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Oregon State University

Harvey Mudd College

Baylor University

University of Michigan - Ann Arbor

05:28

Felicia S.

If $f(x)=x+\sqrt{2-x}$ and $g(u)=u+\sqrt{2-u},$ is it true that $f=g ?$

00:56

00:51

Heather Z.

0:00

Dungarsinh P.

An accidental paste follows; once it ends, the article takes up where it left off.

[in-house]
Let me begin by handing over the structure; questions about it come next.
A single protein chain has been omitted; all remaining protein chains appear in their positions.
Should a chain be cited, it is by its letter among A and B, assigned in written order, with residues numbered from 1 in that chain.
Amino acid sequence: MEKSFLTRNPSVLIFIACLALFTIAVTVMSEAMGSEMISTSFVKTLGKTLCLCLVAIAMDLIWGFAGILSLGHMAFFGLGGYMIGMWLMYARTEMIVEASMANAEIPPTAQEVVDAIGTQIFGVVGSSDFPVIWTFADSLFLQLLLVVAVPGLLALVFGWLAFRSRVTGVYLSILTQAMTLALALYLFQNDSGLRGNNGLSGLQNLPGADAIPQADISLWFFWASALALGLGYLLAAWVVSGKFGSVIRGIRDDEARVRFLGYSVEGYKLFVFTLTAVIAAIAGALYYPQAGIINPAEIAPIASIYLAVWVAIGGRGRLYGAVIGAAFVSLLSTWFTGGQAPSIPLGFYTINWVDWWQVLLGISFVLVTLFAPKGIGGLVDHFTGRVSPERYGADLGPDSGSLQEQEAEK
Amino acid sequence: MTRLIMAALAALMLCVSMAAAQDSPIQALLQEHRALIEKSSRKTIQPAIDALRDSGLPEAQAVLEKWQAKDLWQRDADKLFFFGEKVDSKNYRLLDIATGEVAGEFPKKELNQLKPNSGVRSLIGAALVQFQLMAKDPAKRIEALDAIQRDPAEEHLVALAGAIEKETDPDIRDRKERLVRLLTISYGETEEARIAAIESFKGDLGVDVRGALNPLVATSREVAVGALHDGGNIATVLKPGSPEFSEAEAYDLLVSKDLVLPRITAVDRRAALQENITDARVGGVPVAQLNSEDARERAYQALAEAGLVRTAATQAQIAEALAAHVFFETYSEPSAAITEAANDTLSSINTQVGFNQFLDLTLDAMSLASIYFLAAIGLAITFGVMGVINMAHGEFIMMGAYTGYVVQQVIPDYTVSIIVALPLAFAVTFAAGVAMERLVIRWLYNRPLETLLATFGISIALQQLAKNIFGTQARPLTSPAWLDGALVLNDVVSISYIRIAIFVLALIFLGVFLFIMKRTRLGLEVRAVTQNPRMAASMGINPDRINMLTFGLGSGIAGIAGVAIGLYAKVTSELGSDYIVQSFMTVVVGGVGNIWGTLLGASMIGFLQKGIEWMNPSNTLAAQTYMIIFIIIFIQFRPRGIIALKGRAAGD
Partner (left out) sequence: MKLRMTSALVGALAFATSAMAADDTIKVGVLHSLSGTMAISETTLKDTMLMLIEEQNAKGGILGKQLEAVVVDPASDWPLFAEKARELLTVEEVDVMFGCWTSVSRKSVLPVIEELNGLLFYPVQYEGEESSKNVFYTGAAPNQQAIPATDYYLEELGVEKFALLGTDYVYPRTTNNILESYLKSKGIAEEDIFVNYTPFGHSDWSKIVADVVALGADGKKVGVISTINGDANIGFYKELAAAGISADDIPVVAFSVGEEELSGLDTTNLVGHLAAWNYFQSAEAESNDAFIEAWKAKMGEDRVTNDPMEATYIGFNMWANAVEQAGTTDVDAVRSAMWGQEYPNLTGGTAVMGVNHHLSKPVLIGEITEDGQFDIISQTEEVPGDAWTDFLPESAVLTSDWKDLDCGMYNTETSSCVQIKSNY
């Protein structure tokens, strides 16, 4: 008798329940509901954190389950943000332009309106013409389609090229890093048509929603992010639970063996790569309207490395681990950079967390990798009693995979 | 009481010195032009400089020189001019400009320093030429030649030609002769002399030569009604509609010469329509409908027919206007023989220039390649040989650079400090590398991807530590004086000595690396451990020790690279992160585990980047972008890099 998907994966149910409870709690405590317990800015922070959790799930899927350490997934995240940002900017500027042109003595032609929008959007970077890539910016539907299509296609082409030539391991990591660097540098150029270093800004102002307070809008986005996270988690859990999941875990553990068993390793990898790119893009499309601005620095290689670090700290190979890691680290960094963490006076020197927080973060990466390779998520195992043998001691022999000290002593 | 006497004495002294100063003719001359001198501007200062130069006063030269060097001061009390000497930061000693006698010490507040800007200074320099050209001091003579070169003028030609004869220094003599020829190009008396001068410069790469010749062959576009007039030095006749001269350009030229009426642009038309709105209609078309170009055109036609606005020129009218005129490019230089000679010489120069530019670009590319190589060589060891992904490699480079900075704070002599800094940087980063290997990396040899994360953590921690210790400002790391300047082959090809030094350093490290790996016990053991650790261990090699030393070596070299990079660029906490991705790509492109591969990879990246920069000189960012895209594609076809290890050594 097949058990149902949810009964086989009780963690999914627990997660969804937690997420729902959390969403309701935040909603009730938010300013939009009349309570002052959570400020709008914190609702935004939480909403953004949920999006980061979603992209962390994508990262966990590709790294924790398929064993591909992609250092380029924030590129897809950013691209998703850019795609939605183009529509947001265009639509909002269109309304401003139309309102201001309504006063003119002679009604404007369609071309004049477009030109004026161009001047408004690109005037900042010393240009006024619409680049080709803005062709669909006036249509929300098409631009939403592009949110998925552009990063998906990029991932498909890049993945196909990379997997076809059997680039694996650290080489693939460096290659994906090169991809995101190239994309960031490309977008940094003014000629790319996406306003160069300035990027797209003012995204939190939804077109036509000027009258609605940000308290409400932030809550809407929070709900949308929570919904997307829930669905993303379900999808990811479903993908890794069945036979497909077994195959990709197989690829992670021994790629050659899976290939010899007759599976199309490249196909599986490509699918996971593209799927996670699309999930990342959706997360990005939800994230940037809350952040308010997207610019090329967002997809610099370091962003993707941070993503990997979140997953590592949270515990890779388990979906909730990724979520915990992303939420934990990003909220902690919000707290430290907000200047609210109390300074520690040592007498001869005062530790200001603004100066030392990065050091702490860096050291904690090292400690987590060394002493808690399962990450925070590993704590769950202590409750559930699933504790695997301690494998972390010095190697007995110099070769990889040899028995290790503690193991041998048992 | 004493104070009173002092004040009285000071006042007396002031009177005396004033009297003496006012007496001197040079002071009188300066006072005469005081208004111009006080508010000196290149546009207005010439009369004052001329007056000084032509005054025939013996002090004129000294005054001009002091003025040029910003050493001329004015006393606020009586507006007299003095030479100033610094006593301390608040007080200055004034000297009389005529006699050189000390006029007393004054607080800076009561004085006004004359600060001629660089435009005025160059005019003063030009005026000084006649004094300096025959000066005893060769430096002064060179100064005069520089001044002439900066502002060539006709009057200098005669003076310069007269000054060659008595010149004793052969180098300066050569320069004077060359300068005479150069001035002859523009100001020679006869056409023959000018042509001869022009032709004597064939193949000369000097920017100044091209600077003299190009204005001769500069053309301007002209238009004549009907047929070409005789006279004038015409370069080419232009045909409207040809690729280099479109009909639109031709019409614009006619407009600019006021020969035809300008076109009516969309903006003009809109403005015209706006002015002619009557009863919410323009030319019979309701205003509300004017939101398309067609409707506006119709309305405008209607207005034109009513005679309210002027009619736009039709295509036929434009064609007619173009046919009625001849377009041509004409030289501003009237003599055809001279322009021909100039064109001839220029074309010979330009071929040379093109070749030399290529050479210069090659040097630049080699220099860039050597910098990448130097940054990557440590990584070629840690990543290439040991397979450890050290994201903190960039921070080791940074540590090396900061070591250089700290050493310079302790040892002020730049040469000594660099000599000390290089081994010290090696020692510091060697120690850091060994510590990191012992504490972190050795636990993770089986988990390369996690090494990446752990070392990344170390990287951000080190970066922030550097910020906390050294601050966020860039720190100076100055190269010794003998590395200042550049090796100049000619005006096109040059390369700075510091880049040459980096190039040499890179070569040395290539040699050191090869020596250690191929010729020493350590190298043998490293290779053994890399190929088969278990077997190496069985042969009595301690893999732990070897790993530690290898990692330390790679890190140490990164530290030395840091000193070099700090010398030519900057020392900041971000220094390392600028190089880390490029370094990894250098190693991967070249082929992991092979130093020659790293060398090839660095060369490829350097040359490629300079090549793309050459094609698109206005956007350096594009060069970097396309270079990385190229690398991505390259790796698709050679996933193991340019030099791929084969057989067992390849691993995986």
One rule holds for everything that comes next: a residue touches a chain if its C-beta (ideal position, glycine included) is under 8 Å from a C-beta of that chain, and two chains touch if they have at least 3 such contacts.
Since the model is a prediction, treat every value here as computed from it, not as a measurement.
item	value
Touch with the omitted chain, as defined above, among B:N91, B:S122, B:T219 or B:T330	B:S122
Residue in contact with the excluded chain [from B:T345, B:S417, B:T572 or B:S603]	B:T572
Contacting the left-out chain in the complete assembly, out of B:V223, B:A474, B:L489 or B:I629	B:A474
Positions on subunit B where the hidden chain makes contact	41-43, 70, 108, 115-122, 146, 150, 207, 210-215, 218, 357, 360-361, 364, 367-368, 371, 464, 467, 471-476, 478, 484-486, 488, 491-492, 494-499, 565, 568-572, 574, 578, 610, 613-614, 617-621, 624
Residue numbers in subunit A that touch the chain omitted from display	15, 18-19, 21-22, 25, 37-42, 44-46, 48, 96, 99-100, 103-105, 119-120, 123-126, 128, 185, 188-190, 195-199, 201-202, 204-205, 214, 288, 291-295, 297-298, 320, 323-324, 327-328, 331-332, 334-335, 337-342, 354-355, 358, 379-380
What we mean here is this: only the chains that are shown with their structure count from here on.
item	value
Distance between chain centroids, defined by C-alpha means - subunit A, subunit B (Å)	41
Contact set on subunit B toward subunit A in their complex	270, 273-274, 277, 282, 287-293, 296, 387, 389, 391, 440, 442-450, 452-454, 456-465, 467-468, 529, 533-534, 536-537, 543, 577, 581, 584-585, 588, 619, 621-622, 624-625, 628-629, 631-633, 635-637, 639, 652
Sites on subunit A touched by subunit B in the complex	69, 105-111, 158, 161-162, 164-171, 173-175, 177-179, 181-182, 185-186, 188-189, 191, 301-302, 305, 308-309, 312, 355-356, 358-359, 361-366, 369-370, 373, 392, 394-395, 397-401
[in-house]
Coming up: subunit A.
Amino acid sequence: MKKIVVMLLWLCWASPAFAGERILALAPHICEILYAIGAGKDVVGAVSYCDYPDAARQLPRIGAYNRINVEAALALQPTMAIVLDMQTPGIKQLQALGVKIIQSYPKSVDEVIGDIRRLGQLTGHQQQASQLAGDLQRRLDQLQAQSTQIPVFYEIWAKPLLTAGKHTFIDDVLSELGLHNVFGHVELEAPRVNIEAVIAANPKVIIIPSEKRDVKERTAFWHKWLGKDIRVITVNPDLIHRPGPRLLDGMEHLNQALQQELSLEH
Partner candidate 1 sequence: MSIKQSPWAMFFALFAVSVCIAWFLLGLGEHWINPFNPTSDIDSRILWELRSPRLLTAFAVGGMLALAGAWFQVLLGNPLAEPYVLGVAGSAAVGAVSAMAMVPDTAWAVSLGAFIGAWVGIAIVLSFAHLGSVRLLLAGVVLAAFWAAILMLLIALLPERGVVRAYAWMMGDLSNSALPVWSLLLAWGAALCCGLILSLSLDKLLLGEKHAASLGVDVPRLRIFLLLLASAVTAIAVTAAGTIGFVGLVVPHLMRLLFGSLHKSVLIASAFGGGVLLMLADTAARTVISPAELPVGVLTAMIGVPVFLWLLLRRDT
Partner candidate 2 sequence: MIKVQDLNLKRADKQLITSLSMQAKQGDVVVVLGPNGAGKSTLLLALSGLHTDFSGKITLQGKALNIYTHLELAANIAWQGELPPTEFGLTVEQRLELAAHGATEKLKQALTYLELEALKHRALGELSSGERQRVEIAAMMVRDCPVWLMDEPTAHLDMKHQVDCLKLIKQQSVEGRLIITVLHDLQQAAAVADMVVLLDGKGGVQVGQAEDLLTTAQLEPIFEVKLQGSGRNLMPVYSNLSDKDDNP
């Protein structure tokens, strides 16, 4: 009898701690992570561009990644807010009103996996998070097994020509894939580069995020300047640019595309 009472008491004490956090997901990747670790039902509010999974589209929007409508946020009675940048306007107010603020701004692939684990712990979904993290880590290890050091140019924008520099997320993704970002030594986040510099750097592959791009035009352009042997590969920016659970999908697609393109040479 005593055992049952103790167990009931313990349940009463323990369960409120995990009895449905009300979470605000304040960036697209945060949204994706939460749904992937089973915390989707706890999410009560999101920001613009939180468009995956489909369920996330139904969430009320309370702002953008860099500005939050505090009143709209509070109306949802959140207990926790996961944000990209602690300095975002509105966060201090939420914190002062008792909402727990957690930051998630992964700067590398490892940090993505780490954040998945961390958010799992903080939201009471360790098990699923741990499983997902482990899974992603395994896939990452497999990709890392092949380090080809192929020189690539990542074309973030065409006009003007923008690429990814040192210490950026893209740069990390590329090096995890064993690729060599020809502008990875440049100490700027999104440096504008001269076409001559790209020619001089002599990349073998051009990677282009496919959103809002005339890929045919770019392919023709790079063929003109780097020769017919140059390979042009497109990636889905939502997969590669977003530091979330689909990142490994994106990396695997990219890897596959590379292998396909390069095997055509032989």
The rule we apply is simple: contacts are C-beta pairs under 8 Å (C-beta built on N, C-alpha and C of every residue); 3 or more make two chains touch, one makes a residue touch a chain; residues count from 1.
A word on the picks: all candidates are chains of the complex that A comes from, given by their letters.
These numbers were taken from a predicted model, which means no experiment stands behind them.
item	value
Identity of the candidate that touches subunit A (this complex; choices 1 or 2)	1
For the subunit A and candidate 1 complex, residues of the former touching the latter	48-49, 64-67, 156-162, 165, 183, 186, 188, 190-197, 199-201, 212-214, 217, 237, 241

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So for the final topic of this course, we're going to switch gears and talk about something that's going to see new. But it's actually going to tie in. Just about everything that we talked about and what we're going to talk about is three idea of a vector field. And so the idea of a vector field is very simple. In fact, I would say that vector fields were the most concrete things that we could talk about in this course. So I just want to think you to think about the world around you for a minute. You live on this planet, and there is all kinds of forces acting around you. There's a gravitational force pushing you towards the center of the earth. There are wind currents that air pushing you or pushing objects around you. There's electrical forces acting around you, acting on your actual just individual atoms, pushing them around. They're all these forces. They're basically nothing more than a bunch of collections of arrows. So the idea of a vector field is that in space there are he's vector fields, and a good way to think about them is just force fields where there's just a bunch of arrows everywhere. And the best way I know to think about these arrows is there, like water currents or air currents, kind of pushing through space, acting on whatever objects or in their way. And so if I'm a bird or a plane or an object or an electron, an electric field, I'm just getting pushed around by these vector fields. Now I might be moving this way or against the vector field. I can sort of move independently of the vector field, but the vector field is kind of pushing me along as I go in that direction. And if I want to move with the vector field, it's actually easier. If I want to move against the vector field, it's harder. And so we'll sort of explore that physical application of moving within a vector field. Now. There are also other things that we could talk about with vector fields to weaken. Talk about how vector fields rotate and how they kind of disperse away from sinks and from sources. So if I have, you know, a faucet in the water, there's water flowing out of of the faucet, and I can think about these rotations in these divergences from different points of these vector fields. And so we're really getting at kind of the heart of physical applications here, where you have objects. They're moving around in vector fields, and these vector fields are sort of the fundamental quantities that really dis driver universe, electric fields, magnetic fields, other force fields, wind, water, etcetera. All of it can be modeled as a vector field. And so that's what we're going to talk about. And it's really cool that the idea of a vector field is going to unify a lot of the ideas that we talked about in this class. So it's a really exciting topic. It's a really cool branching point, uh, for different fields of engineering and physics, etcetera. So I hope you enjoy it, and here we go.

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